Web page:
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APPENDIX I GENERAL INSTRUCTIONS FOR CREATING AN EC MooEL On invoking ECWIN (Expert ChOCe for Windows) the user is presented with a menu of icons. Of Interest in model building and utilization are the Structuring and the Evaluation and Choice Icons. A new model may be buitt starting from eijher icon. The general instructions for building starong from the Stnx:turing and the EvaluatiOn and Choice icons are itemized below as options A and B, respectively. A. :;!tructurioq Option 1. Double click on the Structurtng icon. 2. Select File then New. Enter goal descrtption 3. Type in a We name in which to store your new model. The extension .sm is added automatically by default. 4. Choose mode of structuring -top down (start w/ objectives), or bottom up (start w/ anernatives). We choose the latter in what follows. 5. Click the A button on the Icon bar to bring up the anematives window. 6. Type the description of the anernatives on the top column, press enter. Type the abbreviated name of the anernatlve in a smaller window that appears. 7. Repeat step 6 for all attematives. 8 Click the Structuring button on the Icon bar to bring up the objectives treeview window. 9. Type the description of the objective on the top COlumn, press enter. Type the abbreviated name of the anernative in a smaller window that appears, press enter 1 o Repeat step 9 tor all objectives, By pressing enter twice the user exits the Structuring option and iS returned to the Icon bar. The resulting model has an extension .STR I.e. TRANSIT.STR B. Using the .Ey.aluatioo.aod.Choice.Olltion 1. Double click on the Evaluation and Choice iC()A,2. Select File then New. 3. Type in a file name in which to store your new model. The extension *.EC* is added automatiCally by default. 4. Choose a mode to build the model in ( for now choose Direct to build the model in Evaluation and Choice directly) 5. Type in a description of the ggaldefinition (up to 65 characters). 6. After the goal node appears, select Insert from the Edtl menu to add the first "descendent" node and enter the node name in the box where the cursor appears. 7. Type In a description of the criterton (objective) the descendent node represents, and enter its name in the new box where the cursor appears. 8 Repeat these steps until all the peers at this level are entered. To finish entertng peers 51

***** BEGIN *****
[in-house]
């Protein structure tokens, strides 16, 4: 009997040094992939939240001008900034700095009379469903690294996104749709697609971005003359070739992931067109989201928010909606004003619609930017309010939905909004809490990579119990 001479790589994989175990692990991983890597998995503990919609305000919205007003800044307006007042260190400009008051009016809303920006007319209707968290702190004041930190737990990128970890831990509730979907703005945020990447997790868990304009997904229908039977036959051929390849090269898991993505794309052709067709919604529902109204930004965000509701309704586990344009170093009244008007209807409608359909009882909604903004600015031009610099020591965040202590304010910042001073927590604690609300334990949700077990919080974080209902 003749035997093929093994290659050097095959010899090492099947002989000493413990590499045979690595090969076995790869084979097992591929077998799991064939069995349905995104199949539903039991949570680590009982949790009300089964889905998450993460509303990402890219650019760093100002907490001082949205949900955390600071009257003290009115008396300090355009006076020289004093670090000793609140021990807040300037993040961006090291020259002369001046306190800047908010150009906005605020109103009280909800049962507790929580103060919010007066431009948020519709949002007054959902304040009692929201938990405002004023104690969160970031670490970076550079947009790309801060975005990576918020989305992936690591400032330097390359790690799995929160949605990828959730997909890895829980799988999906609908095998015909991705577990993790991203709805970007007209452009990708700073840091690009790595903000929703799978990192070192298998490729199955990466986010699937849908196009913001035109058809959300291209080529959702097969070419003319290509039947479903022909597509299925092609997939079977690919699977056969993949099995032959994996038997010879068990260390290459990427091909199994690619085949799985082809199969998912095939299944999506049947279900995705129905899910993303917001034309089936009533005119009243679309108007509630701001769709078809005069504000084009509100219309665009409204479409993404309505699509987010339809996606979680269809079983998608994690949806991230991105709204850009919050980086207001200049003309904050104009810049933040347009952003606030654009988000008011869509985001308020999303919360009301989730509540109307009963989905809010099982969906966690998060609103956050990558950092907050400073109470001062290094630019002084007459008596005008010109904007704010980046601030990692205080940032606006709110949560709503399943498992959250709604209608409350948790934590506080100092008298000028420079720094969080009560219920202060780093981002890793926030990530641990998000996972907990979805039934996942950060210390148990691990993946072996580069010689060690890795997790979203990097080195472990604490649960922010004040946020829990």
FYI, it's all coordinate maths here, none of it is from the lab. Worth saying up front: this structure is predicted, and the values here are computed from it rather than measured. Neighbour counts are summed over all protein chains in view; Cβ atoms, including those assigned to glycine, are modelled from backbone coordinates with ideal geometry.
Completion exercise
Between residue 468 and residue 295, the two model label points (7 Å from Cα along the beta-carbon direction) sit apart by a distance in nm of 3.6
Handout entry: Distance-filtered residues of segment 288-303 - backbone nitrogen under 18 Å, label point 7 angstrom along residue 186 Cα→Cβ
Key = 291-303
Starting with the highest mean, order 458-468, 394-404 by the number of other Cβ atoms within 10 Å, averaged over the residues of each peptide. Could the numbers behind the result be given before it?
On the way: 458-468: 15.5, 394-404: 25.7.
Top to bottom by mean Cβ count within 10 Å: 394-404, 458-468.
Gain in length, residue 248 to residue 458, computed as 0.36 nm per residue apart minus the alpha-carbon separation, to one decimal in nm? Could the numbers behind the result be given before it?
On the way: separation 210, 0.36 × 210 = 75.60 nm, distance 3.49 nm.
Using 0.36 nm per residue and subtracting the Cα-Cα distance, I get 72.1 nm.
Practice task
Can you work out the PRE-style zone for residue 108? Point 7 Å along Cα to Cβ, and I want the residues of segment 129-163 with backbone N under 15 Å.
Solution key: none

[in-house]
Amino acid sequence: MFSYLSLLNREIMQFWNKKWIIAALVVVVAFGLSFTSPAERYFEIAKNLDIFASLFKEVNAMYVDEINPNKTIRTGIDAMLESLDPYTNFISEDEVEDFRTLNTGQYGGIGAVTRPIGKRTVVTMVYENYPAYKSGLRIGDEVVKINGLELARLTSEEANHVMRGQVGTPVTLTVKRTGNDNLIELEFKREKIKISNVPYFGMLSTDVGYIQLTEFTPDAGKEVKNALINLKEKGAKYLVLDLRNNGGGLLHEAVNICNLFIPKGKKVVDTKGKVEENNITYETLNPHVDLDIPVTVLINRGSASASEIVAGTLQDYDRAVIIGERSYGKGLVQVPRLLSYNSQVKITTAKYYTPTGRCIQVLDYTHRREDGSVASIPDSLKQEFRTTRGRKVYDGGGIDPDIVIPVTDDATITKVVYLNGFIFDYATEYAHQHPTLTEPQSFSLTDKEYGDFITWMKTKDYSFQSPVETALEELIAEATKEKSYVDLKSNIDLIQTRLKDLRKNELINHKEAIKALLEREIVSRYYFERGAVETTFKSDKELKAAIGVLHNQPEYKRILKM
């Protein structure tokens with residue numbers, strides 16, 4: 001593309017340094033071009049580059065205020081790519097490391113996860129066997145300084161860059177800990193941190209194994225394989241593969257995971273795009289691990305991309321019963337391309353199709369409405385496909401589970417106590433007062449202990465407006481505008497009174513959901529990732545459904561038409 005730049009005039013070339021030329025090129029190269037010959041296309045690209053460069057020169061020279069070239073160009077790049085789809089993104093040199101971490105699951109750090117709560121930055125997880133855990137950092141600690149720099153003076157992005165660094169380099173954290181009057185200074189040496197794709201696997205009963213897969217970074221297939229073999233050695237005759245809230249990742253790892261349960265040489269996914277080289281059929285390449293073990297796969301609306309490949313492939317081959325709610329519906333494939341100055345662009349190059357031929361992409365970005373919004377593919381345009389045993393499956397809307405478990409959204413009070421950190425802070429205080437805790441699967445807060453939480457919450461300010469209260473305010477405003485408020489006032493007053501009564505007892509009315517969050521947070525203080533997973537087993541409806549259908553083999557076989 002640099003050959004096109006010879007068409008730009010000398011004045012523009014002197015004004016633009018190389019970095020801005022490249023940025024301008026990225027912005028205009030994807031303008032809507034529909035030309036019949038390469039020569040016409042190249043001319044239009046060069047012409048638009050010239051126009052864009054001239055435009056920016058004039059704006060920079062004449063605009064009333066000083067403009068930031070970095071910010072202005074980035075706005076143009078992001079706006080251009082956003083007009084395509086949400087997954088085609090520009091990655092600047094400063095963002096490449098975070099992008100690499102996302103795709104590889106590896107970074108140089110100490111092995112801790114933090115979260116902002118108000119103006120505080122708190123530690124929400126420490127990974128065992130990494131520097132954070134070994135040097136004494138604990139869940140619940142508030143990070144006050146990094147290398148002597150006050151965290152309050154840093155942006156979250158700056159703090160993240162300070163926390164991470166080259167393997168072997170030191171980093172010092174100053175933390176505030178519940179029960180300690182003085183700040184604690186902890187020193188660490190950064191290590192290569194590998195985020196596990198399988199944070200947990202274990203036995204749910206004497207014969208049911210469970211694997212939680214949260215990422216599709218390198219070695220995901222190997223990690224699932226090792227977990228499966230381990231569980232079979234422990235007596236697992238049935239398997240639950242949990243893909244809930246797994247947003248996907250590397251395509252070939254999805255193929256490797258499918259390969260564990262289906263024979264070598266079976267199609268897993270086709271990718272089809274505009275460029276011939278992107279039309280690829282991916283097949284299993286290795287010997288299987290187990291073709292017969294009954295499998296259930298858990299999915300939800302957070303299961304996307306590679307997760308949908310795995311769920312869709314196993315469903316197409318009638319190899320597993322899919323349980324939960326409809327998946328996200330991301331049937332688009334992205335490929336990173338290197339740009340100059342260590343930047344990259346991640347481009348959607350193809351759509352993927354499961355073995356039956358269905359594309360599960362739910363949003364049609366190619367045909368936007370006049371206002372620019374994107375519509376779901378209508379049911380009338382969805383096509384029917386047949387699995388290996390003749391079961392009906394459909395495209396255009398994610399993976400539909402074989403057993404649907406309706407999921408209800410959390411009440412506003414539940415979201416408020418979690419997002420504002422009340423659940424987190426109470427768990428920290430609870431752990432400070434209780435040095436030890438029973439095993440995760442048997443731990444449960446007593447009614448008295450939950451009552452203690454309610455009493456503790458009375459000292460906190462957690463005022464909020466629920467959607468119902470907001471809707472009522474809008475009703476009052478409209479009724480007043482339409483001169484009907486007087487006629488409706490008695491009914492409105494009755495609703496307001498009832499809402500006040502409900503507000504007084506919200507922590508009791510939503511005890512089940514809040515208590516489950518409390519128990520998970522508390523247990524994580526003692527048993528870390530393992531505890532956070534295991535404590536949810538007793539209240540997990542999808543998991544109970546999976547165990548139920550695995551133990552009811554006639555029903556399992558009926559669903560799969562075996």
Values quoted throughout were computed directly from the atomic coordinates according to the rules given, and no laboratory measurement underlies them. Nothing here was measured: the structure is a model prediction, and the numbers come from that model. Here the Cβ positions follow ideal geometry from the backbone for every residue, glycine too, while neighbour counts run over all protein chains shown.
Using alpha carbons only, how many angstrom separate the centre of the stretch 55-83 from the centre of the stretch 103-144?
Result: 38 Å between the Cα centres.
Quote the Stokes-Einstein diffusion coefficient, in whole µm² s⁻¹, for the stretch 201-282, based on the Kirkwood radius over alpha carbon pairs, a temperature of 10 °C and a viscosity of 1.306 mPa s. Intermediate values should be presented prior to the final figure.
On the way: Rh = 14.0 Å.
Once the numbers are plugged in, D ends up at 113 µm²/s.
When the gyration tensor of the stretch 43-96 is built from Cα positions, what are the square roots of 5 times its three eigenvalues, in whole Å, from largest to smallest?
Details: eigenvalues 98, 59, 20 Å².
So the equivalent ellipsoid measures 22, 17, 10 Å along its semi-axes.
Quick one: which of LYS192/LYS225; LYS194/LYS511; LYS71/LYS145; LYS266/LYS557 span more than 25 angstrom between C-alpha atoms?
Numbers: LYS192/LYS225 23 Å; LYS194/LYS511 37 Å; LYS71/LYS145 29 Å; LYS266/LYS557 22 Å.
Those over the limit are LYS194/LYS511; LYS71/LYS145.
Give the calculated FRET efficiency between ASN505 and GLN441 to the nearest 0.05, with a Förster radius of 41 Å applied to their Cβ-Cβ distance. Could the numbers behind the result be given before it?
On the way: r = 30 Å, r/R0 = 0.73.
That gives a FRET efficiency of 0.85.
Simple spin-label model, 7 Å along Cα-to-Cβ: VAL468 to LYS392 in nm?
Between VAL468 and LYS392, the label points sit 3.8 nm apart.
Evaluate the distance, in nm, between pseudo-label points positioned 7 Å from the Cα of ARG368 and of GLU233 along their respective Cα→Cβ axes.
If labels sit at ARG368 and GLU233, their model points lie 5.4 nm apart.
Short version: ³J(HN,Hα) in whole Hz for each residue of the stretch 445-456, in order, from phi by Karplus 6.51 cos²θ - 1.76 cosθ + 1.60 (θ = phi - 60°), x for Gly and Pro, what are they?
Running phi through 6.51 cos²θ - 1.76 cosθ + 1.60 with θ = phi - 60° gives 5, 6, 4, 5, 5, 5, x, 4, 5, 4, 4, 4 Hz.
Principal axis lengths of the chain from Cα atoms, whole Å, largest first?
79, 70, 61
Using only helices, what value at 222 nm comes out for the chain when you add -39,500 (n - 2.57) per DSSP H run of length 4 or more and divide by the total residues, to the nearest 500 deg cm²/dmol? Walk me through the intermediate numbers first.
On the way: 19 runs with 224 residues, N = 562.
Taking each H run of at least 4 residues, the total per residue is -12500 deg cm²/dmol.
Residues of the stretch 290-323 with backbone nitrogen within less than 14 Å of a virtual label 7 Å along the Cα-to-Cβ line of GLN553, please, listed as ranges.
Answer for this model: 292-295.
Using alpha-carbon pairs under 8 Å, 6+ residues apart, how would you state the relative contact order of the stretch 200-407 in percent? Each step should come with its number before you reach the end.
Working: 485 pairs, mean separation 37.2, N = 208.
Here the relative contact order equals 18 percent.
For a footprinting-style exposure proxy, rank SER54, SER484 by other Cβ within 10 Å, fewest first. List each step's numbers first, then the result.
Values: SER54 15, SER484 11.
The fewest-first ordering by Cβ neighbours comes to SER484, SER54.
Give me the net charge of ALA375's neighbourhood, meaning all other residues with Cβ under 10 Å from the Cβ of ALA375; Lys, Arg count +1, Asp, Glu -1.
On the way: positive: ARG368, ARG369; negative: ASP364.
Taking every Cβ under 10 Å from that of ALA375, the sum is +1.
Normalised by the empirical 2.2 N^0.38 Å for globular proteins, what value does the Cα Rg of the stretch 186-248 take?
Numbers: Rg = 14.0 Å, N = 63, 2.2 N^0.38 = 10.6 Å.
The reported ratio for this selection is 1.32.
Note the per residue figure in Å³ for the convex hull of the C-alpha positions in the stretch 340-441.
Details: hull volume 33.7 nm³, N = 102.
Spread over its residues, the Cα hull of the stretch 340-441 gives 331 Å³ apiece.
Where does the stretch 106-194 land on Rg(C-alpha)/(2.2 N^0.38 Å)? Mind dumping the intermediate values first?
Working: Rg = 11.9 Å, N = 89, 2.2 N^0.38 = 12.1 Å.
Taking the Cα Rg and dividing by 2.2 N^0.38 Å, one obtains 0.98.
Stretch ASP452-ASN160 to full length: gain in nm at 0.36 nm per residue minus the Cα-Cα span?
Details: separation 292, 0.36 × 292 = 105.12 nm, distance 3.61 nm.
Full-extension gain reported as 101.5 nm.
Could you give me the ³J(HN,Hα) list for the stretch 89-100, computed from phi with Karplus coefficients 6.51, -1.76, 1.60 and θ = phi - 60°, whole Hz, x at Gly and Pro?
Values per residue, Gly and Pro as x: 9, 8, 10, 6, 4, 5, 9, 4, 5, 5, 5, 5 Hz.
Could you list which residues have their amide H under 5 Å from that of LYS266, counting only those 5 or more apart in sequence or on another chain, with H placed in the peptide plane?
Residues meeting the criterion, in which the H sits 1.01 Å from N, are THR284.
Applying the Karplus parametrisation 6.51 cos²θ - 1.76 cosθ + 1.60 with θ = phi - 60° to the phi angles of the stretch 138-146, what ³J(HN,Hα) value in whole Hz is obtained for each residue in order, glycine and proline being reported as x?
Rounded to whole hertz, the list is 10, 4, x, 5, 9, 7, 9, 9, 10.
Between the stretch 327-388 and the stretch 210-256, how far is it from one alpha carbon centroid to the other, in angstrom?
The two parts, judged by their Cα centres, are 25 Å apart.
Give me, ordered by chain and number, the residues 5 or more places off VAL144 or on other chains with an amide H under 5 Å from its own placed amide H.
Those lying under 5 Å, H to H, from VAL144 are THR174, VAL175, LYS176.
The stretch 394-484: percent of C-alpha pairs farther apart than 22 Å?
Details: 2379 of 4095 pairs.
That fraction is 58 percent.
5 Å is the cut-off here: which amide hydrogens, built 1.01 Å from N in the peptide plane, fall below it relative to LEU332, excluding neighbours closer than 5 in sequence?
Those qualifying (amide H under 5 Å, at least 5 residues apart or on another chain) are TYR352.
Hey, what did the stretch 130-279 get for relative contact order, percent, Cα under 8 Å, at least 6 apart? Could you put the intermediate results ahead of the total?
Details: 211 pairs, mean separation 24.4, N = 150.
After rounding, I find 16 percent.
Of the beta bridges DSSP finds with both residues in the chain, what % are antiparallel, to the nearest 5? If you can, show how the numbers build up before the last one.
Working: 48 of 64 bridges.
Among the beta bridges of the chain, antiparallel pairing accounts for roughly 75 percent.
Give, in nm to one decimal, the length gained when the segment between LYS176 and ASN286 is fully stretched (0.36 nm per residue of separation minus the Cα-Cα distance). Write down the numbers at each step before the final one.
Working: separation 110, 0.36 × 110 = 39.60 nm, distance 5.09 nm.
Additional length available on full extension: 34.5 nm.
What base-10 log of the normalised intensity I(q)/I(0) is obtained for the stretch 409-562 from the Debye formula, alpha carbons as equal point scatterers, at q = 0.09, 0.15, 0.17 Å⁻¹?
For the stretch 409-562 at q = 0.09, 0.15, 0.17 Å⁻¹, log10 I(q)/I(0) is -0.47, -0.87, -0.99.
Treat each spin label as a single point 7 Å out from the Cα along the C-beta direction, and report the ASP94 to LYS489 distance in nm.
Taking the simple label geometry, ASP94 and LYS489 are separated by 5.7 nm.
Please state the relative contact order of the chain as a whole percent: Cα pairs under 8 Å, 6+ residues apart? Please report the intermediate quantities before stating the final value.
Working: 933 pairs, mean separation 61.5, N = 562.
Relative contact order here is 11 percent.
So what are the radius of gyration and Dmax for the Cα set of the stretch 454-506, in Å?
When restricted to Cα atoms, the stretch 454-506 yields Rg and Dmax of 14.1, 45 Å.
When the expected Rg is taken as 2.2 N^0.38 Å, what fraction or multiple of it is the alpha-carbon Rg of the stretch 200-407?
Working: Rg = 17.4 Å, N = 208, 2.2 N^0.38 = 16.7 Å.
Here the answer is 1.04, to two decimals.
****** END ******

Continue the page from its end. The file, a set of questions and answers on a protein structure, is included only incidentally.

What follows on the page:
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at a given level Simpl y press o r at the next blank node. Note that the decimal weights uneler the noele names change to maintain equal weights for the descendants with respect to the parent node each time you aelel a new peer. 9. To add another level of descendent noeles, select a node at the bottom of the tree under whiCh you want to add descenclants. Select Insert from tile Edi t menu anel repeat steps 7 and 8 above, adding peers and new descendants of the first level nodes as needed. If no further levels of descendants are required, then complete the structure of the moelel by entering the attematives (step #1 0). 10. The alternatives, a lso referred to as the "leaves", are entered in the same way as any of the descenelent noeles. If the same set of altematlves applies to any or all of the other corresponding parent nodes lhe entire set can be copied under individual selected options under the Repl i cate command inciiJCie replicating the current node' s children to Its peers, replicating the marked noele's children to the current node, and replicating lhe current node' s children to for m the leaves below all the other nodes at the bottom of the tree. Replicate copies only the children, not the descendants of the chi ldren nor the parents of the children. To copy children with all their descendants as well (i.e., a "plex), use the Copy Plex and Paste P t ax commands. 52